Biographical article on Cyril Osborne, student at University College Leicester in 1923, by Caroline Wessel
Cyril Osborne (1898-1969) was born in Bulwell, Nottingham, on 19 June 1898 to Thomas and Ann (née Carnell) Osborne. His father was a coalminer at Bulwell Shonky Pit and Osborne later recalled “it was a very stern, puritan home”, a fact that influenced his views all his adult life. He left school at the age of 14. In 1916 the 18 year old enlisted as a gunner in 36 Battery of the Royal Field Artillery and until 1919 did wartime service in France, Italy and Egypt.
From 1920-23 Osborne studied for a B.Commerce at University College, Nottingham and in 1923 is recorded as having attended part-time classes for a B.Commerce with French at the University College of Leicester, Leicestershire & Rutland, passing it the same year. Whilst at the Leicester College, he lived in a Toc H hostel, c/o the Leicester stockbroker, Sir Arthur Wheeler, also a Nottingham man, who was employing this young man from a modest background as a trainee stockbroker. In 1928 Osborne married Nellie Braddock, but she died two years later, and in 1935 he married Joyce Feibusch, with whom he had twin sons and two daughters. With the demise of Sir Arthur Wheeler’s business around 1930, Mr Osborne set himself up as a sole trading stockbroker and financier, as Cyril Osborne & Co. During the Second World War he was a Midlands Welfare Adviser, assisted the Ministry of Information and also became Director of a number of textile and grocery companies.
In 1945 Cyril Osborne was elected Conservative MP for the Louth division of Lincolnshire, a seat he held until his death in 1969. He was known for his opposition to progressive causes, and was described by E. M. Forster as always ‘denouncing something’ (ODNB). He held strong views on homosexuality, and immigration and was concerned about unemployment, overcrowding, crime, in particular drug trafficking and prostitution, and health, especially tuberculosis and leprosy. Inclined to lose his temper, Osborne was sometimes an embarrassment to his party in the Commons, but a contemporary judged that the driving force in him was a rigid puritanism, due to an unusually repressed childhood. He had a genuine fear of a world population explosion, of economic collapse, and the decadence of the West and was opposed to the extension of licensing laws, creation of football pools and the abolition of corporal punishment. He was knighted in 1961, lived latterly at Rothley and died in Leicester in 1969.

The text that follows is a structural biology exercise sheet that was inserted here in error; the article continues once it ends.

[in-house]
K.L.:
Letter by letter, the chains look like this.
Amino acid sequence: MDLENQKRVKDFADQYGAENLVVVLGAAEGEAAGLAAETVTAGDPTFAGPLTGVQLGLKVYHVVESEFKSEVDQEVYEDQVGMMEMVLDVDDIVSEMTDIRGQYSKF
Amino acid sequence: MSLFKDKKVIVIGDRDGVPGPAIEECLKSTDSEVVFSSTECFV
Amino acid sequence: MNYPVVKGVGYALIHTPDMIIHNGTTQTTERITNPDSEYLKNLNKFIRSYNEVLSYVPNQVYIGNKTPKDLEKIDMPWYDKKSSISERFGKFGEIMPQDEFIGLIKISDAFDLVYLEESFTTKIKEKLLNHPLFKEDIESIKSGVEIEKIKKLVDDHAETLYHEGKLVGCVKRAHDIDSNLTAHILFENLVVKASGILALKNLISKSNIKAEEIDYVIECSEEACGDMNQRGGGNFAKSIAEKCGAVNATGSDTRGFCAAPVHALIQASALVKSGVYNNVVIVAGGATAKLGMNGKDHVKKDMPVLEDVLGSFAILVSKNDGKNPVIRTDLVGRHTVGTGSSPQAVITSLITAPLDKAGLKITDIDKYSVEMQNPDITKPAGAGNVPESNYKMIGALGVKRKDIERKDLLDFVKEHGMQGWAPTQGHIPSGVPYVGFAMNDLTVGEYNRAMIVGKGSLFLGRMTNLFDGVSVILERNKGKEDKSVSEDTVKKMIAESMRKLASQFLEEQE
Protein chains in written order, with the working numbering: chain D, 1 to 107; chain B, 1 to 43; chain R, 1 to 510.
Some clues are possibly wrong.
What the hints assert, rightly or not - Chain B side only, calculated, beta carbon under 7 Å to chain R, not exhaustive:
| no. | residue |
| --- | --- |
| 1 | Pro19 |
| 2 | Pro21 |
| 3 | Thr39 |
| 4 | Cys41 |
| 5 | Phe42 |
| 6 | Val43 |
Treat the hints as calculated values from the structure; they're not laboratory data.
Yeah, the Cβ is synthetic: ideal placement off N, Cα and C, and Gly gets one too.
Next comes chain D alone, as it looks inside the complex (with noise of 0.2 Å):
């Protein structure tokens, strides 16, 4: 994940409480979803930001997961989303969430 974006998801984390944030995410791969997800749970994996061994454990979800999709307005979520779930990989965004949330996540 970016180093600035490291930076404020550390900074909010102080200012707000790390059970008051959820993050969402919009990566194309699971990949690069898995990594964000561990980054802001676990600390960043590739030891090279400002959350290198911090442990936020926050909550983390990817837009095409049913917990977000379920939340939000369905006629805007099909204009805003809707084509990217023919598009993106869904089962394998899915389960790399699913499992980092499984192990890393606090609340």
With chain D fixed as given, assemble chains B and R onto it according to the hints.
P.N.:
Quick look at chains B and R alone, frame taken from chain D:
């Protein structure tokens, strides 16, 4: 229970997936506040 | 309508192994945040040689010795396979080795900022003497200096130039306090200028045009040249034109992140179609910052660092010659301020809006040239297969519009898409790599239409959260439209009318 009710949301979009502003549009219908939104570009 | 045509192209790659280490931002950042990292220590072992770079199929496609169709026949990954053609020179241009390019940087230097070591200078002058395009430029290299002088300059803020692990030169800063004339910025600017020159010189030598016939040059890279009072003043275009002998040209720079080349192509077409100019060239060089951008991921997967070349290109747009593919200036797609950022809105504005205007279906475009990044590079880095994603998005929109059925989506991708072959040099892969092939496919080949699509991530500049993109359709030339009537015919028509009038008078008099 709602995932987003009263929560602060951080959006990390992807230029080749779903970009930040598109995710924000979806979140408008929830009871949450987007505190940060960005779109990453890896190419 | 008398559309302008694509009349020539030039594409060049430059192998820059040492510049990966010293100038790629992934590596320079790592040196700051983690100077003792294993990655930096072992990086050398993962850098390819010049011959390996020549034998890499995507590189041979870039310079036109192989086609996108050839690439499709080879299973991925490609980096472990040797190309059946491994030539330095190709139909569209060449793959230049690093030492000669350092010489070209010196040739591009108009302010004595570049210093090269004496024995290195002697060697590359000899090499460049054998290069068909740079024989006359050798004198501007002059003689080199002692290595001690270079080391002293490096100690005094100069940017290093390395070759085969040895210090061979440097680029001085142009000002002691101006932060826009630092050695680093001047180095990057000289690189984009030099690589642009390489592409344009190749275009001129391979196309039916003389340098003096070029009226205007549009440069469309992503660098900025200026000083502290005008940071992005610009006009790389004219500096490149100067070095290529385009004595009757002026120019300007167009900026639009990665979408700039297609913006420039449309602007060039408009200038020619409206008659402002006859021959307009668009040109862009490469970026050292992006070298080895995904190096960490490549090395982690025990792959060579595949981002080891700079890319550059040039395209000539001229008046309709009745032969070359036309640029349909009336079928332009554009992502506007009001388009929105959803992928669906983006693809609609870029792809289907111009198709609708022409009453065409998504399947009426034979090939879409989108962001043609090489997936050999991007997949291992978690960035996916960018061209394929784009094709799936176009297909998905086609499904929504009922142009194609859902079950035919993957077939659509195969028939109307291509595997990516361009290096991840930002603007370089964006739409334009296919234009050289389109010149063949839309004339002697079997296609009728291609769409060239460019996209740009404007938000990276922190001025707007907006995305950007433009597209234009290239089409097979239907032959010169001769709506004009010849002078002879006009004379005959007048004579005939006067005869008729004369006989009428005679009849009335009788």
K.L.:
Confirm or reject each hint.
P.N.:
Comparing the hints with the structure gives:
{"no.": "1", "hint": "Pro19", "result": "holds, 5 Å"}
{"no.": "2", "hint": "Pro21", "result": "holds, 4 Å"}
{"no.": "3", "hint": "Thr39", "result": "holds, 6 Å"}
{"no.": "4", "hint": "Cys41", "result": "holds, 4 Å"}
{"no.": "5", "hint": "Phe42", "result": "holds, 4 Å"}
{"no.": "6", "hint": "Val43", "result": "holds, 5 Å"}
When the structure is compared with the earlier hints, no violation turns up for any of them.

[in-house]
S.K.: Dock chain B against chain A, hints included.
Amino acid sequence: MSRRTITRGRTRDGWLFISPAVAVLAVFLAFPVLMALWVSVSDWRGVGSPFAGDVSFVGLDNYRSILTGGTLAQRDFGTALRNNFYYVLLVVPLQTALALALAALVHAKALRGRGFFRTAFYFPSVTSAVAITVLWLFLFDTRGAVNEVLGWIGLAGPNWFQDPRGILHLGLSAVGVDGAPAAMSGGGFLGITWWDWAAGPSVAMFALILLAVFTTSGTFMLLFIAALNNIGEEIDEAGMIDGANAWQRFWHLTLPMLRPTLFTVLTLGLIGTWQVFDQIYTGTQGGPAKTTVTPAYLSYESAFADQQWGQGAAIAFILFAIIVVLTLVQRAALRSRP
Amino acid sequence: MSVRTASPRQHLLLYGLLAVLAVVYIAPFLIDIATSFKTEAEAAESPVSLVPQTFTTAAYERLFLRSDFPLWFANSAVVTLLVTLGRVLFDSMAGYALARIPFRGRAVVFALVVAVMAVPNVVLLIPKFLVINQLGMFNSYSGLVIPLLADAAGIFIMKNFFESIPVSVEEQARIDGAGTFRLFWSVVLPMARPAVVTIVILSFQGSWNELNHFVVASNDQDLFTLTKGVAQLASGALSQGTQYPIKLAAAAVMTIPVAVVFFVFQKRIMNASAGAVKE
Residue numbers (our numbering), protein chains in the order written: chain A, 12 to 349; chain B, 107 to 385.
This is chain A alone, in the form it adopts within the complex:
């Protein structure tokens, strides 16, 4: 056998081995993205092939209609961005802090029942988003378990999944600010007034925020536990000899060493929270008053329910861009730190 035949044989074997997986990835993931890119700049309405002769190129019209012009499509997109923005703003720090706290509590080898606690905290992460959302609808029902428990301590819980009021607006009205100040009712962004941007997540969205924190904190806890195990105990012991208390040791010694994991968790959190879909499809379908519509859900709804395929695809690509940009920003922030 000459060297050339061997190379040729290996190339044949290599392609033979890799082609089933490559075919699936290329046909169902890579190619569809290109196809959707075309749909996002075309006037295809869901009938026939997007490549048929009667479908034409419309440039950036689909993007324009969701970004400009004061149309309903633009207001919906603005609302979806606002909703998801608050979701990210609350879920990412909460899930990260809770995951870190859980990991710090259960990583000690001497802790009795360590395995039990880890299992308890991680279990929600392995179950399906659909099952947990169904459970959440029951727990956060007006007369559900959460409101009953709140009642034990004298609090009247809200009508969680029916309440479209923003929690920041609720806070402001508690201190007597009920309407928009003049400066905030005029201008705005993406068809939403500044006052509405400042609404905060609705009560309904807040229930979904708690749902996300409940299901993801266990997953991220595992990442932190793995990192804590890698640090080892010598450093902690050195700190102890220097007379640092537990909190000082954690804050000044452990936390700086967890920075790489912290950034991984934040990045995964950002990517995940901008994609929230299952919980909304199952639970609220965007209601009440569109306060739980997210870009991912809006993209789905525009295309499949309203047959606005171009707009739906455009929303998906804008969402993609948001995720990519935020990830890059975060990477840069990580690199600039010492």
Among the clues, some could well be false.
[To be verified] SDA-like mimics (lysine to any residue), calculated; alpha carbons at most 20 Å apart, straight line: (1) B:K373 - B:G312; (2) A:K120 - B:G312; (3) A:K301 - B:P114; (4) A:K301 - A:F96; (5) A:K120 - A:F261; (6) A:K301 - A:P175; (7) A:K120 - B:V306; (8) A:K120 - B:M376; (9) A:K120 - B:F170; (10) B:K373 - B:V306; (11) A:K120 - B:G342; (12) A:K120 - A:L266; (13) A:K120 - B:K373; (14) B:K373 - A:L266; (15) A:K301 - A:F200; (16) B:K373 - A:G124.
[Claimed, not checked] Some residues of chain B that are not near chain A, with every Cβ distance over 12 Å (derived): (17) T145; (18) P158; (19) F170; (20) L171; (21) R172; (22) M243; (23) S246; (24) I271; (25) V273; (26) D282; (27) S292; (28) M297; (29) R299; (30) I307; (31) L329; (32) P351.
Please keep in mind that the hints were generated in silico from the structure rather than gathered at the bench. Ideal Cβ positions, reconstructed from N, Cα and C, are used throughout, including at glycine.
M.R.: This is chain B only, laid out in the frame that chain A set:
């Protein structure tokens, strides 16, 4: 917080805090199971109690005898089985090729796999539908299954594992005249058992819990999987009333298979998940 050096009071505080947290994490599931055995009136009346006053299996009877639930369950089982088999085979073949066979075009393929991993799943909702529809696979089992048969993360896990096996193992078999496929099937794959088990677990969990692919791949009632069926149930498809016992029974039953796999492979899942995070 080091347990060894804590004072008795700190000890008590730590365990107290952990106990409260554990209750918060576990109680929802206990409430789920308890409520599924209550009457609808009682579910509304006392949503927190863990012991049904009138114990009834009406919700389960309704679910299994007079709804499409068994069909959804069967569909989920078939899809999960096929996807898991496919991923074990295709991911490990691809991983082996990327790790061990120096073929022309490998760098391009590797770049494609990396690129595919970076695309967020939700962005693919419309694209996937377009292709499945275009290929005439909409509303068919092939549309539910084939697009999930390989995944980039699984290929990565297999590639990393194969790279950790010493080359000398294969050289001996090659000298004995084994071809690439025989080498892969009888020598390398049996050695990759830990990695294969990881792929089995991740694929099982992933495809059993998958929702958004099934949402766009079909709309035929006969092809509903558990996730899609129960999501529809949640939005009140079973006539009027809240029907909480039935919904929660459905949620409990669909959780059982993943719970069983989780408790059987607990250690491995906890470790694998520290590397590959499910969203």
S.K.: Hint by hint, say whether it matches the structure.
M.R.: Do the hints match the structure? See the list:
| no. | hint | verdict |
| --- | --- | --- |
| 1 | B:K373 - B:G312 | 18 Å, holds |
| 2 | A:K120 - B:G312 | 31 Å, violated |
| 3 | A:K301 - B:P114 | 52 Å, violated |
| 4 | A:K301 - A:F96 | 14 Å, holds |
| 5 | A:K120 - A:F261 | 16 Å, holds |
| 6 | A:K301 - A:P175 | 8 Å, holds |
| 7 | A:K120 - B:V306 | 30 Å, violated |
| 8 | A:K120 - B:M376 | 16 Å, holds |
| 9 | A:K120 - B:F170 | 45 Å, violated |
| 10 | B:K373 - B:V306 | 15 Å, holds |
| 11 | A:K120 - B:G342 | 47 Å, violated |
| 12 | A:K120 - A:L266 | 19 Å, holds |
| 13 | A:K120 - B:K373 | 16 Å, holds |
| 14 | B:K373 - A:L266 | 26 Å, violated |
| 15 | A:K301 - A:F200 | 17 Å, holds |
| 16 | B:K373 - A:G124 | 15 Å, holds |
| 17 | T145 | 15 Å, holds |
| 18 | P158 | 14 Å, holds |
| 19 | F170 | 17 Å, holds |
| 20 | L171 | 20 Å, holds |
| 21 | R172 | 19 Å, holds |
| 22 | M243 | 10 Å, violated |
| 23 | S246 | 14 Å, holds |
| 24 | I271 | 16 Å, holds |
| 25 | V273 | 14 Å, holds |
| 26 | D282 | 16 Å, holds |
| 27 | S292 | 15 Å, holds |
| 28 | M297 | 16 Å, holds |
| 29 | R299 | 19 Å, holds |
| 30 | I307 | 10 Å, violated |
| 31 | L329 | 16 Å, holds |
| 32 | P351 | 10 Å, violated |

In addition to his political career, Osborne was a Leicester Justice of the Peace, for twenty years Chairman of Leicester Chamber of Commerce, a governor of Leicester Royal Infirmary, a stockbroker and company director. He was also a Master of the City of London Worshipful Company of Framework Knitters, a member of the Pilgrims Society and of the English-Speaking Union. His son, Peter, is a former Chairman of Leicestershire County Council, and his daughter, Hazel, Baroness Byford, a senior politician, was President of the National Union of Conservative and Unionist Associations (1966-1997) and Opposition Parliamentary Spokesman for Food, Farming and Rural Affairs (1997-2007) and is a supporter of many philanthropic causes. In 2010 Baroness Byford received a Hon. Doc. Law from the University of Leicester and is a member of its Court.
Osborne family archives
Oxford Dictionary of National Biography, https://doi.org/10.1093/ref:odnb/40643
Portrait of Sir Cyril – National Portrait Gallery PG Creative Commons Licence